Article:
Value 40.111.6

Sex Male Female

18 (18) 82 (82)

Attended a previous DAHLC strength-endurance classc No Yes

28 (29) 70 (71)

Preferred exercise setting Small-group setting With personal trainer Independently With friend Large-group setting

74 9 7 6 4

(74) (9) (7) (6) (4)

DAHLC ¼ Dan Abraham Healthy Living Center. Data are presented as mean  SD or as No. (percentage). c Two participants did not submit a response to this question. a


statistically significant, and the decrease in weight machine movements was not statistically significant. Among the responses pertaining to rank of exercise motivation, 57 were completed correctly and able to be used for analysis. From preclass to postclass, losing weight or getting more “toned” decreased in frequency as the top motivator and all other motivators increased (Figure). Injuries The total number of injuries was 24 in 18 participants during the 6-week training period and 15 in 13 participants during the 6 weeks before the training. The injury rate was 9.0 injuries per 1000 training hours (95% CI, 5.813.4 injuries per 1000 training hours) during the 6-week training period and 5.0 injuries per 1000 training hours (95% CI, 2.8-8.2 injuries per 1000 training hours) during the 6 weeks before the training. Although the rate ratio of this increase was 1.8 (95% CI, 0.93.5), it was not statistically significant (P¼.08). The difference in injury rate between men and women was not statistically significant (rate ratio, 0.8; 95% CI, 0.3-2.1; P¼.60). In addition, when the evaluation of the training XXX 2019;nn(n):1-8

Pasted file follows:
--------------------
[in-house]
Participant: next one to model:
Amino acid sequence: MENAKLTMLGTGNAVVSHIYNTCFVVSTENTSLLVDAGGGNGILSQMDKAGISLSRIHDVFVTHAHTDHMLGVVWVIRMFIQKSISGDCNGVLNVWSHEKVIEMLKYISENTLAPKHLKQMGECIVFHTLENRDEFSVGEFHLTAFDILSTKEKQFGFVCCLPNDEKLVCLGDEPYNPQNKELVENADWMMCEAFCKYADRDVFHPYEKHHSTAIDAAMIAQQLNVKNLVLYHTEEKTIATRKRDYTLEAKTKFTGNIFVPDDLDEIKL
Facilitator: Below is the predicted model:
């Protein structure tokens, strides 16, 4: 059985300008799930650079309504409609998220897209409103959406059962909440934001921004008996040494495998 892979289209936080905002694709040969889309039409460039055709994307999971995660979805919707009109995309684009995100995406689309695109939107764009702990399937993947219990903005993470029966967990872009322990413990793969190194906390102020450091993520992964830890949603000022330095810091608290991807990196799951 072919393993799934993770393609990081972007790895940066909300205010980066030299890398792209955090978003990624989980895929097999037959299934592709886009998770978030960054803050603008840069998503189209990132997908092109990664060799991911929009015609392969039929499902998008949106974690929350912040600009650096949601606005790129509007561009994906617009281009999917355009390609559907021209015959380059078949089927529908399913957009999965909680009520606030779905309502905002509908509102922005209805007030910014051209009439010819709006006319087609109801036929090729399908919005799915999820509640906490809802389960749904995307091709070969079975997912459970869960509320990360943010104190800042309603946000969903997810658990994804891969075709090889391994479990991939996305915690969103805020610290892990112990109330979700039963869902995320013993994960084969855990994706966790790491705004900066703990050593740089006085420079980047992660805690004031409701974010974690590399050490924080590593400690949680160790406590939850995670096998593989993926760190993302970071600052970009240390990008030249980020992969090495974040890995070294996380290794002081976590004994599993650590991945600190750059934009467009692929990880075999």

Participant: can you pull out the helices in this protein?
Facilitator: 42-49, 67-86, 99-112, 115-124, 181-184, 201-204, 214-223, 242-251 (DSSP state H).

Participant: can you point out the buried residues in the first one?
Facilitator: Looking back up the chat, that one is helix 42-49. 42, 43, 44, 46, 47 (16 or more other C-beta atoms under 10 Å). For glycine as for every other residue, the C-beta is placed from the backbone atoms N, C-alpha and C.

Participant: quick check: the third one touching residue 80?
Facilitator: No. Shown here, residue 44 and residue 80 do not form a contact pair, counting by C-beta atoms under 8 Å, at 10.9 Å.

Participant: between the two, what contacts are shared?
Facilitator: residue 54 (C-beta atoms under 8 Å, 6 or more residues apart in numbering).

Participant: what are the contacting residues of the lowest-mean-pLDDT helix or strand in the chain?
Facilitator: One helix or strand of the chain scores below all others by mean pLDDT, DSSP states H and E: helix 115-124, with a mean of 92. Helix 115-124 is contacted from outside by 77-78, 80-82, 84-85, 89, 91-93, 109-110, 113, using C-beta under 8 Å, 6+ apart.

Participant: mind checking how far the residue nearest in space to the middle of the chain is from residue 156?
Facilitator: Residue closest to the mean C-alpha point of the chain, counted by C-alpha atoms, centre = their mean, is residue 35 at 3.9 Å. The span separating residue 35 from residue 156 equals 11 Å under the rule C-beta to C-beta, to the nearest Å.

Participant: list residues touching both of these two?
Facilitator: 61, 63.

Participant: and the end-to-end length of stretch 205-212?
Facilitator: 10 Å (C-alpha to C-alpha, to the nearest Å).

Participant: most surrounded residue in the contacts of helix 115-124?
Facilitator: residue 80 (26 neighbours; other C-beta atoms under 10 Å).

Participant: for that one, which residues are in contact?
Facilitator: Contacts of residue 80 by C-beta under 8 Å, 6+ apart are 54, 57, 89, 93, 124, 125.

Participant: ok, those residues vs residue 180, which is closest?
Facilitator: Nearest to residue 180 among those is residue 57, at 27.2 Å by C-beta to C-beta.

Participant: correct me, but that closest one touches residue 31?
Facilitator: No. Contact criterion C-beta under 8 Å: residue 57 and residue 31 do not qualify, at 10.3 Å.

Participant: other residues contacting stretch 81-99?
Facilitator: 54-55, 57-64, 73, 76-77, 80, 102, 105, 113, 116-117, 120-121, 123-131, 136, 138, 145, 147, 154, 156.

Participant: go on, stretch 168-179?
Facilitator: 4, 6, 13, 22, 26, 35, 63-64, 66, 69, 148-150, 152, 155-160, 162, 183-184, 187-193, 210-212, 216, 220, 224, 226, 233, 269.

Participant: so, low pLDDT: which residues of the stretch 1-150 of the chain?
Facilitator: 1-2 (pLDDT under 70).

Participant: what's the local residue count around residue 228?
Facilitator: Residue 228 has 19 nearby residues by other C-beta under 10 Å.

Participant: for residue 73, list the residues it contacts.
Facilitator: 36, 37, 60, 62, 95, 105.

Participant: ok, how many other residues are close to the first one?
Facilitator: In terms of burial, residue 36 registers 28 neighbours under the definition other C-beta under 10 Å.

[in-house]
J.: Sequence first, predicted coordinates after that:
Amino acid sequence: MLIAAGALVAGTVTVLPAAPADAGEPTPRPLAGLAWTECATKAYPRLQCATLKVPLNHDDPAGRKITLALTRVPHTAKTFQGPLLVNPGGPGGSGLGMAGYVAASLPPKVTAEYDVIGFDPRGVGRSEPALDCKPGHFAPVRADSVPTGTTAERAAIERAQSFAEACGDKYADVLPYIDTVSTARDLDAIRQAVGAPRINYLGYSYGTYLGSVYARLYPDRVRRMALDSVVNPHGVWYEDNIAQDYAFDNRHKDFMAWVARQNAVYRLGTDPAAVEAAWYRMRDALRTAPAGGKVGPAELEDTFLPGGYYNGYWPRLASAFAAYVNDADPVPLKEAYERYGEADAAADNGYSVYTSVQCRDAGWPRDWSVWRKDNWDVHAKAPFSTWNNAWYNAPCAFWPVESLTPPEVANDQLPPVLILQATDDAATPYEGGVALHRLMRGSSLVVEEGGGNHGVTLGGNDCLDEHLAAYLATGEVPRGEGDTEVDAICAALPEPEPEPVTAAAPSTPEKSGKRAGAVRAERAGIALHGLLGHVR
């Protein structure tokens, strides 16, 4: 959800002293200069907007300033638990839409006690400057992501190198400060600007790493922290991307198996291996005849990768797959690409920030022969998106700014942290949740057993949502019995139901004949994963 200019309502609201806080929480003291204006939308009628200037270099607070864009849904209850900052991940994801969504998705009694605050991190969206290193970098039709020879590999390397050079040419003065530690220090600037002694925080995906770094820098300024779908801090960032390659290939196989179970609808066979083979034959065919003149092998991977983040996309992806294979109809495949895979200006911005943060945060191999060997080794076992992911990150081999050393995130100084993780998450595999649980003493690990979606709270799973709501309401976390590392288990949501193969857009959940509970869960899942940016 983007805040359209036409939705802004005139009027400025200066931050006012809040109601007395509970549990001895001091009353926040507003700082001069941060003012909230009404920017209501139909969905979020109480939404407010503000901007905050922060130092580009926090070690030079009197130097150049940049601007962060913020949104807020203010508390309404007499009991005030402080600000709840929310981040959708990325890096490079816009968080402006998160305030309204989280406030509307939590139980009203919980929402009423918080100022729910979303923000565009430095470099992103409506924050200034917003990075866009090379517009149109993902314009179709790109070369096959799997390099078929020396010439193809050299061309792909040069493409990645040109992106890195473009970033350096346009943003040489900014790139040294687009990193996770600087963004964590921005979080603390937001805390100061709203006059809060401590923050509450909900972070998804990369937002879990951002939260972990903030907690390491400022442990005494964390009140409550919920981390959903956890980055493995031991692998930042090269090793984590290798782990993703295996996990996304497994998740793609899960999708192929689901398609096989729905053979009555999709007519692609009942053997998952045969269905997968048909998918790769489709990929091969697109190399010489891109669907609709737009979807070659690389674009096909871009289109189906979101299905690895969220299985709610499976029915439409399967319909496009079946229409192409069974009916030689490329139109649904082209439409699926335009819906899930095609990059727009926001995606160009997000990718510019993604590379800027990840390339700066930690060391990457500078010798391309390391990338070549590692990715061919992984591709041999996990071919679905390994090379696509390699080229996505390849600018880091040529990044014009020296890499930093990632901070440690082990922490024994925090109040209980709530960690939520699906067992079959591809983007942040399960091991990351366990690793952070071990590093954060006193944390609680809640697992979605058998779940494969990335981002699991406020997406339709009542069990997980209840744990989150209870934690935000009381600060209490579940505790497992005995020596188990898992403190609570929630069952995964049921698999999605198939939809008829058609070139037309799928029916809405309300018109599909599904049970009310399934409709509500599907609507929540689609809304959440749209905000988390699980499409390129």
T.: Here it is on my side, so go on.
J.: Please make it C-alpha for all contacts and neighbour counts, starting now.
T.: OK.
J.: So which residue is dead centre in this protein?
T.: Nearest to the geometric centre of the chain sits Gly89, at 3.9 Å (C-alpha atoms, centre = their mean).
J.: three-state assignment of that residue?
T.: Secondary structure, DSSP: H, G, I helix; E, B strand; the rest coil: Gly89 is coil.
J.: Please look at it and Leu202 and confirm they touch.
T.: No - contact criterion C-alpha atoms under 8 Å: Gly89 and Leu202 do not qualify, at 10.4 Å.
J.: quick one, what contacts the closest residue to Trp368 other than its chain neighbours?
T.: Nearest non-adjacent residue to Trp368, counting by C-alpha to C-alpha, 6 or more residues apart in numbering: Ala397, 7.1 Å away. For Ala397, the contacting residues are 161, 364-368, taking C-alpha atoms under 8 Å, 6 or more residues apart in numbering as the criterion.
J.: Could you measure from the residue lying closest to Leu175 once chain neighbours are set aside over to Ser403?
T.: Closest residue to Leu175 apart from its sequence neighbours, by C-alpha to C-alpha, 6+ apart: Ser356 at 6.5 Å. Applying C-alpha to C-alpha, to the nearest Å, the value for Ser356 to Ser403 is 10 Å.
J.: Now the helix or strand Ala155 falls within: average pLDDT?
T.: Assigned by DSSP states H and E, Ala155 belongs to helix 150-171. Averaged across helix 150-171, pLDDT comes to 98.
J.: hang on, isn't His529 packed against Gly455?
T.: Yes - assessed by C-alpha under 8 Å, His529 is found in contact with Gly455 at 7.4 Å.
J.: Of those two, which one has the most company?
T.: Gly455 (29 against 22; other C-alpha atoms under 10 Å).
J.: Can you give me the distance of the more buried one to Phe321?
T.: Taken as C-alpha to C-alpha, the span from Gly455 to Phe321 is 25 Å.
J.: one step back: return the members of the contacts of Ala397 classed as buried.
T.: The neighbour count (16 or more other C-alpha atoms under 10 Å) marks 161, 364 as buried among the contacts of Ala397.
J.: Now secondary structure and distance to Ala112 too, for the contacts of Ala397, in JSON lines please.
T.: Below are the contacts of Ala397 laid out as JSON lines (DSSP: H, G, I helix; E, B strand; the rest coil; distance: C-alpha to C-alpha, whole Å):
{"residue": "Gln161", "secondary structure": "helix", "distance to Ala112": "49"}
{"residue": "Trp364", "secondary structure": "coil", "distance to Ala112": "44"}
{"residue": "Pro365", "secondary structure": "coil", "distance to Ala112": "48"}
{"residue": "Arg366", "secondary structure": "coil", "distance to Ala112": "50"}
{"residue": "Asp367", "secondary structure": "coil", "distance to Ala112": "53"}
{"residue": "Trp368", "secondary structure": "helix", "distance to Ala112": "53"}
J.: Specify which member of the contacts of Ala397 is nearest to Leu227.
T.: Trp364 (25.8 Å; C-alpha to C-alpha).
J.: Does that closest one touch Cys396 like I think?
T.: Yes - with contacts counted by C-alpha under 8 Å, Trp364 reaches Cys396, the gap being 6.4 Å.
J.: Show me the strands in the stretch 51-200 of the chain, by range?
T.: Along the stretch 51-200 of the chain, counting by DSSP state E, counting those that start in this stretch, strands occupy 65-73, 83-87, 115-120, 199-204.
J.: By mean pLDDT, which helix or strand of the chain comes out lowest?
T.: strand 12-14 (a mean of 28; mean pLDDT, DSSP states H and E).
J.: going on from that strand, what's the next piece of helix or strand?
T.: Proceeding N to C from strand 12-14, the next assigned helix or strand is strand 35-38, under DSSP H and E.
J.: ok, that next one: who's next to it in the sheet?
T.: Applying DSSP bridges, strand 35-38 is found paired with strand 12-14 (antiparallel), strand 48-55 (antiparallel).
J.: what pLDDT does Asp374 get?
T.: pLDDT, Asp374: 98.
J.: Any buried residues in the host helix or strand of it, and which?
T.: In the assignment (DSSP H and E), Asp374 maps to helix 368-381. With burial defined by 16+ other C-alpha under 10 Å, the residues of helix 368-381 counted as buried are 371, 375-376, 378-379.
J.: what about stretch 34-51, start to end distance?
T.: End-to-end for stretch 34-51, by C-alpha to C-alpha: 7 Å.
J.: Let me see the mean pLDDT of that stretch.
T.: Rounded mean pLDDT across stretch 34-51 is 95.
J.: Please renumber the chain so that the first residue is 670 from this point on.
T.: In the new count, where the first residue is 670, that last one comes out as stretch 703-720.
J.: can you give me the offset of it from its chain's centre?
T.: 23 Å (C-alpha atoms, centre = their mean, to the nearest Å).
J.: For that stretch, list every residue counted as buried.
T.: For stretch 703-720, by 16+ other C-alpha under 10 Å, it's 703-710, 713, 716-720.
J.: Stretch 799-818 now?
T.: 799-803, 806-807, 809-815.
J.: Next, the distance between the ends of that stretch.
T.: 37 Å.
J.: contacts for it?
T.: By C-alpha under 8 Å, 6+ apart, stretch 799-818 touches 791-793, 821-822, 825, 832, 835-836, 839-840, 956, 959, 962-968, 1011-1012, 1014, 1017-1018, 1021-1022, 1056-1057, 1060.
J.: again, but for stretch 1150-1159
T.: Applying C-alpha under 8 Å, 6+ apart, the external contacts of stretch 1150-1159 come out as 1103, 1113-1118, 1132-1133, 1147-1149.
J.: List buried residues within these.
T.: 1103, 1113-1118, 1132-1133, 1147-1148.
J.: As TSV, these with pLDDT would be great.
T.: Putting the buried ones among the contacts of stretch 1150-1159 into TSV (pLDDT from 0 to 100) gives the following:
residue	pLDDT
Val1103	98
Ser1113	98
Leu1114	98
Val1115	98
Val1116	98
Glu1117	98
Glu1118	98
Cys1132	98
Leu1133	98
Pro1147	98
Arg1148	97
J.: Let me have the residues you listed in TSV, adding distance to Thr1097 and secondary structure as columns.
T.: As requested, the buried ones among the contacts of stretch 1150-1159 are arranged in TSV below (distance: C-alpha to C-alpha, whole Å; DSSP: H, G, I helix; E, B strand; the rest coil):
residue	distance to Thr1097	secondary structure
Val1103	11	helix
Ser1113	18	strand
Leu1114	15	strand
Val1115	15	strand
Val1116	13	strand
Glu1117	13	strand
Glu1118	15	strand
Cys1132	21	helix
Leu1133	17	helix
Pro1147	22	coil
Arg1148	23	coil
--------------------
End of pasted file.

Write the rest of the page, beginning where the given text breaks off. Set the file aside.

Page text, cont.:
TABLE 2. Exercise Movement Types Before and During Strength-Endurance Training Classes Percentage of the total exercise time spent Movement type Ballistic weight lifting


6 wk before the training

During 6 wk of the training

P value






















Olympic lifts (clean, jerk, and snatch), push press, kettlebell swing, kettlebell clean, and kettlebell snatch


Running, walking, cycling, rowing, and swimming


Box jumps, jumping squat, jumping lunge, jump rope, and long or broad jump

Nonballistic weight lifting with free weights

Back squat, front squat, overhead squat, shoulder press, bench press, Turkish get-up, and bicep curls